From the cutting room floor
Long time, no Andrej Pejic update.
What’s news? Although we are not at liberty to divulge hard details, we can tell you that Pejic is about to make his acting debut… in a fairly unexpected market.
No, it’s nothing to do with the reality show that he shot last year, the pilot for which has so far not been picked up according to one of his representatives. Or the lead role in a French feature film which he was considering last year. This latest entertainment project, moreover, takes Pejic above and beyond the intriguing, nonetheless silent, role he played in David Bowie’s The Stars Are Out Tonight video clip which was released earlier this year. And it could be aired before the year’s end.
In the interim, Frockwriter has been intrigued by some hitherto unpublished images of Pejic, shot by Jez Smith, from a job done way back in December 2010, which have only just surfaced via Instagram – specifically, via the IG account of Australian stylist Kelvin Harries. The lowres IG shots have since floated around the various Andrej Pejic fan forums, in addition to the original set which AP fans unearthed from Harries’ portfolio on the website of his agent The Artist Group – where they have been, ironically, since mid 2011. Smith has kindly supplied Frockwriter with the highres version.
The shoot was originally destined for the 91st edition of indie Australian fashion title Oyster, published in February 2011, to accompany a feature story on Pejic.
But Oyster only wound up running a handful of relatively ‘straight’ portrait shots, in which he essentially looks like a surfer dude who’s been a little too heavy-handed on the guyliner (shots that were subsequently scanned by Pejic’s Australian mother agency Chadwick and uploaded to the latter’s blog). Thus omitting these rather more spectacular fashion images, in which Pejic is styled in, among other garments, a striking wool shag coat from Jacquelyn Wellington and what looks to be a pair of Spanx control briefs.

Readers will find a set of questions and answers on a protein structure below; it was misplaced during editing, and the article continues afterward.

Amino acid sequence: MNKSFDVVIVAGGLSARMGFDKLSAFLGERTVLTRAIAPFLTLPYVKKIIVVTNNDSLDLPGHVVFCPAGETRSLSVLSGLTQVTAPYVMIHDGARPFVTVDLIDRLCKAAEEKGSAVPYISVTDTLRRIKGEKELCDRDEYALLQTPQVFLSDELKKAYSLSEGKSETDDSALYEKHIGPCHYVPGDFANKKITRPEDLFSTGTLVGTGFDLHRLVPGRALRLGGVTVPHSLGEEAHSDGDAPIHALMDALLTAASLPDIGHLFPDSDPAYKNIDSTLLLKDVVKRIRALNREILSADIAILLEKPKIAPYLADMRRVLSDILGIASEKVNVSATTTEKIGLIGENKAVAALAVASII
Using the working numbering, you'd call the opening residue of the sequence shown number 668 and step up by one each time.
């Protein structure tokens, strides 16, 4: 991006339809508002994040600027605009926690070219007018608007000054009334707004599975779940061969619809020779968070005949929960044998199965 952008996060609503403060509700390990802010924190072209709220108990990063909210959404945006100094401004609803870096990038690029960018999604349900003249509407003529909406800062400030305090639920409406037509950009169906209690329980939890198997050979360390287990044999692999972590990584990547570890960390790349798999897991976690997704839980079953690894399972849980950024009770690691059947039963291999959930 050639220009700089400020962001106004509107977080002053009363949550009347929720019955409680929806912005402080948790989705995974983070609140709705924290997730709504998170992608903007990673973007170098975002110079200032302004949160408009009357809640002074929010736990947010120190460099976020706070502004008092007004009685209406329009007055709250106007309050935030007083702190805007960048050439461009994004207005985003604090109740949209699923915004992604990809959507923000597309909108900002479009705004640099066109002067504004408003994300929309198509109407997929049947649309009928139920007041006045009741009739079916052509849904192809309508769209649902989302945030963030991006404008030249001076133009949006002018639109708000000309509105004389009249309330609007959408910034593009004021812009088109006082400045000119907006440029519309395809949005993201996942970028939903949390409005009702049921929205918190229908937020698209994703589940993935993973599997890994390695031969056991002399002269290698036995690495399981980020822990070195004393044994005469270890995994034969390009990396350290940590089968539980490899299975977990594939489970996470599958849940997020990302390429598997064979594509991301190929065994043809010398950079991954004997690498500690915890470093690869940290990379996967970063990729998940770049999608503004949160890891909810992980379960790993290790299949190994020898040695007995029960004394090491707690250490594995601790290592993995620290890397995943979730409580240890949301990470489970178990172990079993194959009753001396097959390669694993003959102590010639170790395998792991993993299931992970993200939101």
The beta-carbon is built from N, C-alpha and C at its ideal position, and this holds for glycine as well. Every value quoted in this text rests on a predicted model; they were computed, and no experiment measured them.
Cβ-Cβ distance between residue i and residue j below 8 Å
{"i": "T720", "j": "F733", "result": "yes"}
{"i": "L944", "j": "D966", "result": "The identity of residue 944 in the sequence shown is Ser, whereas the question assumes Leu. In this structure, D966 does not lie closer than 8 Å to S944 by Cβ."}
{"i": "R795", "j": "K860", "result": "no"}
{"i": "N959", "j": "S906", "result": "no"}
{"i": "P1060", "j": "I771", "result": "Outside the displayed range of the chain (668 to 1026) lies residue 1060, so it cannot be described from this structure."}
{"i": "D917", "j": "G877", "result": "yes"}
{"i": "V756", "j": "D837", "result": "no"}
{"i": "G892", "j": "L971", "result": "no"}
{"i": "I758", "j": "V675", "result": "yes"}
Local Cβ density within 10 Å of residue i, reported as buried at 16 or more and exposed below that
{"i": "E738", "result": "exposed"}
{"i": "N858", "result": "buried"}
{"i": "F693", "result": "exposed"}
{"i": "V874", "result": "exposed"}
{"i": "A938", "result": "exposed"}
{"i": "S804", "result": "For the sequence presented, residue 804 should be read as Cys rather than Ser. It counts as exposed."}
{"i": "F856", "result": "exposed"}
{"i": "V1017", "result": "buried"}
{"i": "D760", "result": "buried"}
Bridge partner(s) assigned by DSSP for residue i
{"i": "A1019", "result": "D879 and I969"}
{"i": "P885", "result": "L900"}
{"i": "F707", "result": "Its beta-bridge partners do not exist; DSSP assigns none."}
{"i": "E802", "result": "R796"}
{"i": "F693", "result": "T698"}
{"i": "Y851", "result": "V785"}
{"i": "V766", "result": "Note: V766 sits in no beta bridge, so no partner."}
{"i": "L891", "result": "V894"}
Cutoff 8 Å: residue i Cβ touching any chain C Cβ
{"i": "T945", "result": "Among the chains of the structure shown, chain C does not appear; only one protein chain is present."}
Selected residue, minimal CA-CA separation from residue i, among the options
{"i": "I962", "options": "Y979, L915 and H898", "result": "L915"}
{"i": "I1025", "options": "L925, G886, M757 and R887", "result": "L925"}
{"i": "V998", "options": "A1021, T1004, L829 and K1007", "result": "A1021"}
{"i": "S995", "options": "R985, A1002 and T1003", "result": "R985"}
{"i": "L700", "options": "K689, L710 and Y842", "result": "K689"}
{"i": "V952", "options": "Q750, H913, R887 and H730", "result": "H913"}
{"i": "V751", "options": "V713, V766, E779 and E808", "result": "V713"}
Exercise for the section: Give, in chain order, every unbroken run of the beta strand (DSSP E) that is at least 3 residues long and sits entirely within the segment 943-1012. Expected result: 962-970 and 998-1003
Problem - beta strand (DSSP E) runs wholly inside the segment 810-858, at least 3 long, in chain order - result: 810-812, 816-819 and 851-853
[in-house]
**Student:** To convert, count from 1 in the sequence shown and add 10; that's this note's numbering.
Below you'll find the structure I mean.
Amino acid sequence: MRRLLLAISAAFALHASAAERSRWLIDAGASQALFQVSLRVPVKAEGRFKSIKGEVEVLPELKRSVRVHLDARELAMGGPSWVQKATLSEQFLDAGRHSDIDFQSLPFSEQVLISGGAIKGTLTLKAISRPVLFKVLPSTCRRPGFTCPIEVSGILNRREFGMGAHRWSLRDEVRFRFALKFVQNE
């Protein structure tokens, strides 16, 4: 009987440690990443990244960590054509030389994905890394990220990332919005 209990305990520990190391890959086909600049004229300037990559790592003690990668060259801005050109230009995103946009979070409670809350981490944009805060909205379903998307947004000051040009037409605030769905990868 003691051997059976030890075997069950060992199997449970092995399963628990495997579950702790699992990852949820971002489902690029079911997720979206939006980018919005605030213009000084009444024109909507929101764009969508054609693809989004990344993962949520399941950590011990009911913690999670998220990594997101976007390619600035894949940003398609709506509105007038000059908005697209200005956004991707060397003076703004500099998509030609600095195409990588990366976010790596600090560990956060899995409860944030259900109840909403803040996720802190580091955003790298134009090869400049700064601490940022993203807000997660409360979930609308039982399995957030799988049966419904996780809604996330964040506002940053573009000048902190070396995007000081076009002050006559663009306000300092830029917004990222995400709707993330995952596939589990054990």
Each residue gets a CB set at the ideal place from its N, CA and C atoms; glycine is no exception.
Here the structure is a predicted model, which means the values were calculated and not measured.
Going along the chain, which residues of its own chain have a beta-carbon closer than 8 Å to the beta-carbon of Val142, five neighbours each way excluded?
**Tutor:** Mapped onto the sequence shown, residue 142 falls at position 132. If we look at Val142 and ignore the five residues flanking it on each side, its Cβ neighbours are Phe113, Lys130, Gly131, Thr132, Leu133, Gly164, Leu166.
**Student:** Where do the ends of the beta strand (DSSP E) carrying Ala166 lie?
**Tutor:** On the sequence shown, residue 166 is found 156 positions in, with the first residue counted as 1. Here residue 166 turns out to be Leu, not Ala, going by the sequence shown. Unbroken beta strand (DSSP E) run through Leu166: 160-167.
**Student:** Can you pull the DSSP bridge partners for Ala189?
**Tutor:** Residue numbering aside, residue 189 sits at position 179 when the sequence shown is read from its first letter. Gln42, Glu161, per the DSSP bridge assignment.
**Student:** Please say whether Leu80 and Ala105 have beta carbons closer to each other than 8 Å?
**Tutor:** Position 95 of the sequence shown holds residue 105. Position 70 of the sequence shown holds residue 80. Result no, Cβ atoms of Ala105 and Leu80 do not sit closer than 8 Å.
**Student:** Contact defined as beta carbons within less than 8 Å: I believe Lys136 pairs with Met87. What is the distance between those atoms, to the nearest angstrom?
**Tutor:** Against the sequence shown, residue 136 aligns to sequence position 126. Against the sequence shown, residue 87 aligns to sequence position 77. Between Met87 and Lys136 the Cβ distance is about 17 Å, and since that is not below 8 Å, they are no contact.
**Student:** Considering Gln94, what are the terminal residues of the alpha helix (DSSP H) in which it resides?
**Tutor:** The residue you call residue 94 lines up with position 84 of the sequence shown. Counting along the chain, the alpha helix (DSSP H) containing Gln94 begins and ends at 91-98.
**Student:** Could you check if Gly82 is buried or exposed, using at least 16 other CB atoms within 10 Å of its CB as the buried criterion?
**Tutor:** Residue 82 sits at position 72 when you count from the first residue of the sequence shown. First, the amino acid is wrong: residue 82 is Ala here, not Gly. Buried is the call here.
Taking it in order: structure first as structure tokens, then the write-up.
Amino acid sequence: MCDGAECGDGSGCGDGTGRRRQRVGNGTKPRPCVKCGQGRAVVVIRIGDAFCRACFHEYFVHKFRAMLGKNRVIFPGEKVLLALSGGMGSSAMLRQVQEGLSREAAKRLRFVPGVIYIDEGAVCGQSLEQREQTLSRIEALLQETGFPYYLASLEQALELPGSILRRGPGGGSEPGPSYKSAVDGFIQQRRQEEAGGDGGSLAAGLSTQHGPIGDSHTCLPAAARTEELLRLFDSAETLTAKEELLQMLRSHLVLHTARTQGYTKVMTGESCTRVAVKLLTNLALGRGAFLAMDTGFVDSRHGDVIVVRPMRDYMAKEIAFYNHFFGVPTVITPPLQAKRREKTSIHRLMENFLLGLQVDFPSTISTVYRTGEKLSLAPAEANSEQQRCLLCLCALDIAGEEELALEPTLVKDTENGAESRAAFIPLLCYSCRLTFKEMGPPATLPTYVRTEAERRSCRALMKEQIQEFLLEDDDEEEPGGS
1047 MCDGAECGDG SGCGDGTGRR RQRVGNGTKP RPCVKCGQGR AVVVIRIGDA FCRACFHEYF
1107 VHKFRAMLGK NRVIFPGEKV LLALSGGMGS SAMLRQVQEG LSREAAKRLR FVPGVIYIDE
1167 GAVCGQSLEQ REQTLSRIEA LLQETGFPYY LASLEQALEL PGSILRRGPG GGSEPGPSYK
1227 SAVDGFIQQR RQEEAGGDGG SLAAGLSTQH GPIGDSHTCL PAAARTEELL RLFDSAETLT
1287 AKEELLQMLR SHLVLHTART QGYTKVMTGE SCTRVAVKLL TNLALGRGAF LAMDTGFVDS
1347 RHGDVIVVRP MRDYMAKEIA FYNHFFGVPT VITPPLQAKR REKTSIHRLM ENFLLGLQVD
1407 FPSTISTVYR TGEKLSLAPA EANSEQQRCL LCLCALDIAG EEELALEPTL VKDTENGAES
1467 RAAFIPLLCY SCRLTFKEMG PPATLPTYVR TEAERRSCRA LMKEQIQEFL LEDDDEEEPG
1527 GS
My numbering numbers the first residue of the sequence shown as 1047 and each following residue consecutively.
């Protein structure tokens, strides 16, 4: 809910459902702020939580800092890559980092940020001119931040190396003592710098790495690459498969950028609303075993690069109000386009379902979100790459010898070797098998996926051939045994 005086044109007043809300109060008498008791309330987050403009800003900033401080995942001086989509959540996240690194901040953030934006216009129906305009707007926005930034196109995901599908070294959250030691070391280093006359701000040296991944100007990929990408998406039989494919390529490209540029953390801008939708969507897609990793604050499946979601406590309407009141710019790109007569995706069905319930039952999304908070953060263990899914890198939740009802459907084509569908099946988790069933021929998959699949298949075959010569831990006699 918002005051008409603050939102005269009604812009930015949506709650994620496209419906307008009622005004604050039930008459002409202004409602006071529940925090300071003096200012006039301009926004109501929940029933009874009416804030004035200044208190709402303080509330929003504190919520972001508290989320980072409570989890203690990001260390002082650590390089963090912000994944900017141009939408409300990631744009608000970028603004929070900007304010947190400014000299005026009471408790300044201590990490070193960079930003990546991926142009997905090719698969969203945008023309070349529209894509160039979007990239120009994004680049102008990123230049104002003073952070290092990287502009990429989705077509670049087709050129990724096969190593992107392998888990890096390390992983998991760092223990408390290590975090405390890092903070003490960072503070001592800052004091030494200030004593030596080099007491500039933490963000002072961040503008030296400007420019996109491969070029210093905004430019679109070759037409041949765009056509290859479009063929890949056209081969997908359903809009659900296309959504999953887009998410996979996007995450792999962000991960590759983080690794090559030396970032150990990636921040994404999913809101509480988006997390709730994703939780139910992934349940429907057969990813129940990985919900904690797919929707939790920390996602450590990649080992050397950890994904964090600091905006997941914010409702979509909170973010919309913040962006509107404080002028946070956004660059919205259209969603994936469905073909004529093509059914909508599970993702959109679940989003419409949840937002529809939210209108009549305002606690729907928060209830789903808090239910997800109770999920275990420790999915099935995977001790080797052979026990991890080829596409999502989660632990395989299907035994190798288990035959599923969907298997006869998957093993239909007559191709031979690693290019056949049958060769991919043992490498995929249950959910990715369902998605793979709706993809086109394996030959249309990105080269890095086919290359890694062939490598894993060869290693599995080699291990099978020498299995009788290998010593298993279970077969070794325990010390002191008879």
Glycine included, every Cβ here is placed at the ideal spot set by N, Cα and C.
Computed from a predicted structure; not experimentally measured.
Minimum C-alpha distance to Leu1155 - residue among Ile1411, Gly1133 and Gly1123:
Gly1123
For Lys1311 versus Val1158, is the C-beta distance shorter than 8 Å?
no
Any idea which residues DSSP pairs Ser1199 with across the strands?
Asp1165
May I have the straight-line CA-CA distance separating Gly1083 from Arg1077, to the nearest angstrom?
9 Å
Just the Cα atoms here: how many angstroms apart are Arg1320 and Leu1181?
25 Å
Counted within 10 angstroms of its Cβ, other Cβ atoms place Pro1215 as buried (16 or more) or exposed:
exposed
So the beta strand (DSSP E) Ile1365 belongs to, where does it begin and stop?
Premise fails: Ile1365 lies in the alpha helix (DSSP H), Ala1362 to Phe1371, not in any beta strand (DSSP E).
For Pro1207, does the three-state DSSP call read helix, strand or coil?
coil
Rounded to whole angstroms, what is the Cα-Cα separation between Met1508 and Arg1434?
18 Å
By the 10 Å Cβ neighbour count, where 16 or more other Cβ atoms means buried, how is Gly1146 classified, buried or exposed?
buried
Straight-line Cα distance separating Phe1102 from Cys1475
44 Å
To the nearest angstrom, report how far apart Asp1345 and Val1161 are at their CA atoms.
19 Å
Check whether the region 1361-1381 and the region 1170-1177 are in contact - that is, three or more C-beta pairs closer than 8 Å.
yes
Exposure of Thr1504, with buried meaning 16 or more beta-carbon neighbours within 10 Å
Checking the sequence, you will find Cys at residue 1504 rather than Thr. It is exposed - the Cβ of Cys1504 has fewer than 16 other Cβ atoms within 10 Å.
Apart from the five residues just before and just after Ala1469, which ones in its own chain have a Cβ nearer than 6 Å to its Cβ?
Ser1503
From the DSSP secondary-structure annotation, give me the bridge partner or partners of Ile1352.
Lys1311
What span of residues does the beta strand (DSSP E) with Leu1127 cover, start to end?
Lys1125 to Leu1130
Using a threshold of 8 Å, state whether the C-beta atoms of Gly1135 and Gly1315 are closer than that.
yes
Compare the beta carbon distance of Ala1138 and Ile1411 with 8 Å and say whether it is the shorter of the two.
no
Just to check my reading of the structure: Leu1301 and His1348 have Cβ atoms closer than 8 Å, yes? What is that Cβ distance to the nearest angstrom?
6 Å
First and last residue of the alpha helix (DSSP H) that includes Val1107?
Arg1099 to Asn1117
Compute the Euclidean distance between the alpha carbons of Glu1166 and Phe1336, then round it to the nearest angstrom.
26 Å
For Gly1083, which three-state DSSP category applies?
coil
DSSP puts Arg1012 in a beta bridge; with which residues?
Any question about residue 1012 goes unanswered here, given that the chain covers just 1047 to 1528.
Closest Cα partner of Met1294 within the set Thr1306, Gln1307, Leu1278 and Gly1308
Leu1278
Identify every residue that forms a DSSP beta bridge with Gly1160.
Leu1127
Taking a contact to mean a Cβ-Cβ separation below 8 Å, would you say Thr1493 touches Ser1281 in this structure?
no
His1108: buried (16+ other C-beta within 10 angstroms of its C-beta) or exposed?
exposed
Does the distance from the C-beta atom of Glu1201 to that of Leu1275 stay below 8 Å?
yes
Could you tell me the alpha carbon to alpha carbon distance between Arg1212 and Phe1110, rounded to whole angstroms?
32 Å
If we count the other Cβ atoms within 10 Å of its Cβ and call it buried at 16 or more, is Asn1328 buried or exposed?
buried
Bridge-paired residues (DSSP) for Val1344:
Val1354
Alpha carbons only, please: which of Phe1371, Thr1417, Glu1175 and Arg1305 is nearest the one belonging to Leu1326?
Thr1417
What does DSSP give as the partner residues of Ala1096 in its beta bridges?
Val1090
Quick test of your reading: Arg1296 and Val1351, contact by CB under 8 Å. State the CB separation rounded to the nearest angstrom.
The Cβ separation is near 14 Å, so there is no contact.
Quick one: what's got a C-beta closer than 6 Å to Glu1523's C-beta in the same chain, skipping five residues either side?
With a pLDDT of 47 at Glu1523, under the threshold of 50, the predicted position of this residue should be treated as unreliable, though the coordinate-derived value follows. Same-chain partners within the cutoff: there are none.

Nothing out of the ordinary, right, considering some of the getups in which Pejic has since been styled for fashion magazines?
In late 2010, however, Pejic had only just emerged on the international stage via the Spring/Summer 2011 menswear shows in Paris, walking for, among others, Jean Paul Gaultier and John Galliano.
Interest was immediately ignited, with Pejic subsequently shooting a raft of high profile editorials in publications such as Vogue Paris, Vogue Italia and Vogue Turkey, all published by the end of that year. In most cases, Pejic was presented as a glamorous man.
In spite of the fact that Pejic had made his first and hitherto only Mercedes-Benz Fashion Week Australia appearance in May 2009 by opening the Antipodium womenswear show, it wasn’t in fact until after the Fall/Winter 2011/2012 menswear show season in January 2011, that designers/publications seriously began running with the androgyny concept when it came to working with him.
That month, Gaultier sent him out onto the runway as both a man and a woman in his FW1112 menswear show in Paris, in fact dedicating his FW1112 collection to Pejic, who he rechristened “James Blond”. A week later, Gaultier and Pejic would make fashion history – and global headlines – when Pejic closed Gaultier’s haute couture show in the traditional couture closer: a wedding dress.